Although the National Labor Relations Board spends much of its time dealing with union vs. management issues, recent publicity about its rulings on social media in the workplace have reminded us that its jurisdiction extends into non-union environments. This post explains the source and contours of that jurisdiction.
The NLRB exercises jurisdiction over all private employers who participate in a minimum level of interstate commerce, except those who employ only agricultural laborers. The Board’s Jurisdictional Standards page explains the standards. The National Labor Relations Act excludes all government employees from the Board’s jurisdiction.
Section 7 of the NLRA (29 U.S.C. section 157) protects employees’ right “to engage in other concerted activities for the purpose of collective bargaining or other mutual aid or protection.”The right extends to those who are not union members and to workplaces with no union presence. To be protected under Section 7, the activity (1) must involve two or more employees acting together or a single employee acting on behalf of others (2) must benefit employees as a group and not just amount to a personal grievance, and (3) must not be malicious, reckless or otherwise unlawful. The NLRB finds the right important enough that it launched a website in June 2012 that is specifically devoted to the protection of concerted activity.
Here are some of the ways in which Section 7 has been held to protect employees from adverse action by their employers:
Social Media. Several decisions have taken employers to task for disciplining or firing employees based on comments posted on Facebook and other social media. The Board’s General Counsel issued a report in May 2012 that distilled the state of the law in this area. The most recent Board decision on the subject found that a Chicago car dealer did not violate Section 7 rights when it fired a sales person for posting photos on his Facebook page because the action was not concerted. Karl Knauz Motors, Inc., Case 13–CA–046452 (Sep. 28, 2012).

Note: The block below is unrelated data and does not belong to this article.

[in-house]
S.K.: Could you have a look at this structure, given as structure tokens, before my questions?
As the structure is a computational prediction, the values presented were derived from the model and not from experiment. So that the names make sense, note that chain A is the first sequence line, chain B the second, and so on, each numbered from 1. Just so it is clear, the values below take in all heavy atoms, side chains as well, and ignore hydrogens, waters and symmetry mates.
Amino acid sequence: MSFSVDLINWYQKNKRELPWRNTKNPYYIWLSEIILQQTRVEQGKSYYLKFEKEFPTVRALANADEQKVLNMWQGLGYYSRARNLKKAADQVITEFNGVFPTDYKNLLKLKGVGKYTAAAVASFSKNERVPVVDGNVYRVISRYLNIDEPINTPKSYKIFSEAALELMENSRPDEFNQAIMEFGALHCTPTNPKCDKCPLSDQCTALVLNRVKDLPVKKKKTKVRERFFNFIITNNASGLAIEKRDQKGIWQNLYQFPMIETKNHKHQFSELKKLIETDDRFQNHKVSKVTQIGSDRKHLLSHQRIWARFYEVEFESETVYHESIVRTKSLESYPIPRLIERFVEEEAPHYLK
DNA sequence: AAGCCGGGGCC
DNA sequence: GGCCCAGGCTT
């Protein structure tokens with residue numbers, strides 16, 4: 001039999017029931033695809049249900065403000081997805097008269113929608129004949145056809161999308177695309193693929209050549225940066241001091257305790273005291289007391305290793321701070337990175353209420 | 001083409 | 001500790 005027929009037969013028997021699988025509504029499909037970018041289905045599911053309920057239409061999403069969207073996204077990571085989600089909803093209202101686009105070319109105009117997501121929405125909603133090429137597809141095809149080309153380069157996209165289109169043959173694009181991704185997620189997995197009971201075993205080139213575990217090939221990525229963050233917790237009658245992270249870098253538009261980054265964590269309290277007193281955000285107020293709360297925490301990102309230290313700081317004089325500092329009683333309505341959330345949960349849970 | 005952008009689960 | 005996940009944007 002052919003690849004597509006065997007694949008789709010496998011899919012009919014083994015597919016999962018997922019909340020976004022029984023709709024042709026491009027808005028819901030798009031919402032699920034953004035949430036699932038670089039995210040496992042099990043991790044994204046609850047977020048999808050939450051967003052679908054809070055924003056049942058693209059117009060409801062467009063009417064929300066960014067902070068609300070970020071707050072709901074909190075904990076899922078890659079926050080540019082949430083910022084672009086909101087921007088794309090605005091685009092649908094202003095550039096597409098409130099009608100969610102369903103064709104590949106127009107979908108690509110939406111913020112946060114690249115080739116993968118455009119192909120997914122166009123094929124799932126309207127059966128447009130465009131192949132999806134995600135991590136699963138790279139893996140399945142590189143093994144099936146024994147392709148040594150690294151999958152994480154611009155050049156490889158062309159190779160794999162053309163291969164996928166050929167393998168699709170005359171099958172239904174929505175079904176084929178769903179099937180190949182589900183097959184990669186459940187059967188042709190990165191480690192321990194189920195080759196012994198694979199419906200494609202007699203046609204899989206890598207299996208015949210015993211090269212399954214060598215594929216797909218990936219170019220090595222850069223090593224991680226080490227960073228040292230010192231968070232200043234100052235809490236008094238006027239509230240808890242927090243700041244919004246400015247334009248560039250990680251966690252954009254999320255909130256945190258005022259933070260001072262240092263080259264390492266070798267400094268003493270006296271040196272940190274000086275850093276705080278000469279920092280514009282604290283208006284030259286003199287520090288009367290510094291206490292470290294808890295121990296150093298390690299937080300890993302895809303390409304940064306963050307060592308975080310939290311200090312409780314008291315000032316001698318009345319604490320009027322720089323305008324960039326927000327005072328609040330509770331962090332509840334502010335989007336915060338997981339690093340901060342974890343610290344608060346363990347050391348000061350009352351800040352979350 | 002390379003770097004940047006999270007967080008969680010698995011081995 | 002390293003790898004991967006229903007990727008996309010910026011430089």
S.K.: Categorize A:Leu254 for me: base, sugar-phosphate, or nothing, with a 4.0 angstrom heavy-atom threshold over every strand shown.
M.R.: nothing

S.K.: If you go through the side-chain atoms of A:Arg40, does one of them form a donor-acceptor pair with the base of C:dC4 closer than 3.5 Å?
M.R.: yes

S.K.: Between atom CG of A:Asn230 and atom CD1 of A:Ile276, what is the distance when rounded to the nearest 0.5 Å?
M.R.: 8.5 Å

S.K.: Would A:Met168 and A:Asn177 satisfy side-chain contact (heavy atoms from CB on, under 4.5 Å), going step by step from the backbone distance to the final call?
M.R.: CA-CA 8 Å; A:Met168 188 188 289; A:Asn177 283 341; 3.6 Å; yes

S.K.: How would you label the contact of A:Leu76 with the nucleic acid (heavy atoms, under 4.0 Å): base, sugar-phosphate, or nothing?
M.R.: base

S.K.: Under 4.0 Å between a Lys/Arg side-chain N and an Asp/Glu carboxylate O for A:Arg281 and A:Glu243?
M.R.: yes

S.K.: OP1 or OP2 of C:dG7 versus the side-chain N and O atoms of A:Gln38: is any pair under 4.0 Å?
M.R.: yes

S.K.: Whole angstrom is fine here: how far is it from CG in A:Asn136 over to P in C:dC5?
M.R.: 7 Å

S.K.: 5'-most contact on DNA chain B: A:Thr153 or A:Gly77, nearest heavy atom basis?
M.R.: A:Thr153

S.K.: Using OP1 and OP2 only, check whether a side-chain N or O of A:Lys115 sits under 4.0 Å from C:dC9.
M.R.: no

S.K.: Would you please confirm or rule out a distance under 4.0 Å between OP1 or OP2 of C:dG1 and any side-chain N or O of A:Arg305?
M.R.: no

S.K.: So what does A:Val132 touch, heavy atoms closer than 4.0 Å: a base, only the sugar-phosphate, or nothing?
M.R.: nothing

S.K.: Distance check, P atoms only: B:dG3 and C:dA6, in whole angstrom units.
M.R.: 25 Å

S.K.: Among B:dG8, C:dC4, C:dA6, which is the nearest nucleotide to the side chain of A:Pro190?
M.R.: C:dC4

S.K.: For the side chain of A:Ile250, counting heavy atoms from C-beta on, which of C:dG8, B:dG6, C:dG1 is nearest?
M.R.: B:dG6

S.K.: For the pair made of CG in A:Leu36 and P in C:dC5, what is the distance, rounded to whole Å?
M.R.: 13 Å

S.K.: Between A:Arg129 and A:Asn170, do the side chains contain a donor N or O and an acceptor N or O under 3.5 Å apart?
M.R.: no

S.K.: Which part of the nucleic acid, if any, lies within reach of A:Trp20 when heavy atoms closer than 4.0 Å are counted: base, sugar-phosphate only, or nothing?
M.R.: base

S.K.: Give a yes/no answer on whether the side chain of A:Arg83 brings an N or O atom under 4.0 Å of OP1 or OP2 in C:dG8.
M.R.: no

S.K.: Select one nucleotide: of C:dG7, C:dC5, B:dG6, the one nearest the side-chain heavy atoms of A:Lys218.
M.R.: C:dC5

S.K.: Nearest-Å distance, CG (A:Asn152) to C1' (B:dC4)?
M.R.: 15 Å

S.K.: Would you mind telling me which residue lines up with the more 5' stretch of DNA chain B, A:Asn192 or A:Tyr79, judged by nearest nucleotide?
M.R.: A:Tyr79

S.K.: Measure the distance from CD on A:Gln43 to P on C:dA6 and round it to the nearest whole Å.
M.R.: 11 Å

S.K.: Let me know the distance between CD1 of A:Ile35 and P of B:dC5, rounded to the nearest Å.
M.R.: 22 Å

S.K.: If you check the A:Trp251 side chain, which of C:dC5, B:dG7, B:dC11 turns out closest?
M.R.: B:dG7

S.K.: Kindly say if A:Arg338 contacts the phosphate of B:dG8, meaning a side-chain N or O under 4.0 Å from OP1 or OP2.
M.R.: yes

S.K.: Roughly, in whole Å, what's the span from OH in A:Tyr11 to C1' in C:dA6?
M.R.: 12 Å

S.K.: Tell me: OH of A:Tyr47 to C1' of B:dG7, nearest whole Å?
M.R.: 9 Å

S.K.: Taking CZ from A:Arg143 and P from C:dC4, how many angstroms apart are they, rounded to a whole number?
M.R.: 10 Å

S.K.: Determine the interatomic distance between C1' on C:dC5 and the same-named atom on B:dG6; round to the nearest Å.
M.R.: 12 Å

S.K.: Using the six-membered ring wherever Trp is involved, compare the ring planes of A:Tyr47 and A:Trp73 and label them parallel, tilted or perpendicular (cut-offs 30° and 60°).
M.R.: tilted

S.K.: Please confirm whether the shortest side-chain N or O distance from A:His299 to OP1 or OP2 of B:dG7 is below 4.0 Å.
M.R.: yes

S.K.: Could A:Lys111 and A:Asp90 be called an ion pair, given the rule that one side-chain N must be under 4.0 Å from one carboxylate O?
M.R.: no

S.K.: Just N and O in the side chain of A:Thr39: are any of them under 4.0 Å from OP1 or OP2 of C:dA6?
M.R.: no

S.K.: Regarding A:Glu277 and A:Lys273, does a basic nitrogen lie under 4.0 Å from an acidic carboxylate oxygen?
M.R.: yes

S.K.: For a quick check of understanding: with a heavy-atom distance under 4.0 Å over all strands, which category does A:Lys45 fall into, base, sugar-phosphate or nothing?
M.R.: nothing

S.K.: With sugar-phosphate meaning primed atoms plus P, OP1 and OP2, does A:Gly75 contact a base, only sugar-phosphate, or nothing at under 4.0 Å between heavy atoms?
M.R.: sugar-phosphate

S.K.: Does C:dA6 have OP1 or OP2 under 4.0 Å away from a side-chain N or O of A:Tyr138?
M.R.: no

Wage Discussions. Section 7 gives employees the right to discuss their wages and other terms and conditions of employment. Confidentiality policies that prohibit employees from disclosing such information are not permitted. For an example of a confidentiality policy that drew NLRB enforcement action, see Northeastern Land Services, Ltd., 560 F.3d 36 (1st Cir. (2009).
Civility Policies. A policy that bars employees from treating each other in an uncivil manner may chill Section 7 rights. For example, in KSL Claremont Resort, Inc., 344 N.L.R.B. No. 105 (2005), the Board held that a policy prohibiting “negative conversations” about associates or managers was unlawful, because employees could reasonably construe the policy to bar them from discussing with their coworkers complaints about their managers that affect working conditions, thereby causing employees to refrain from engaging in protected activities.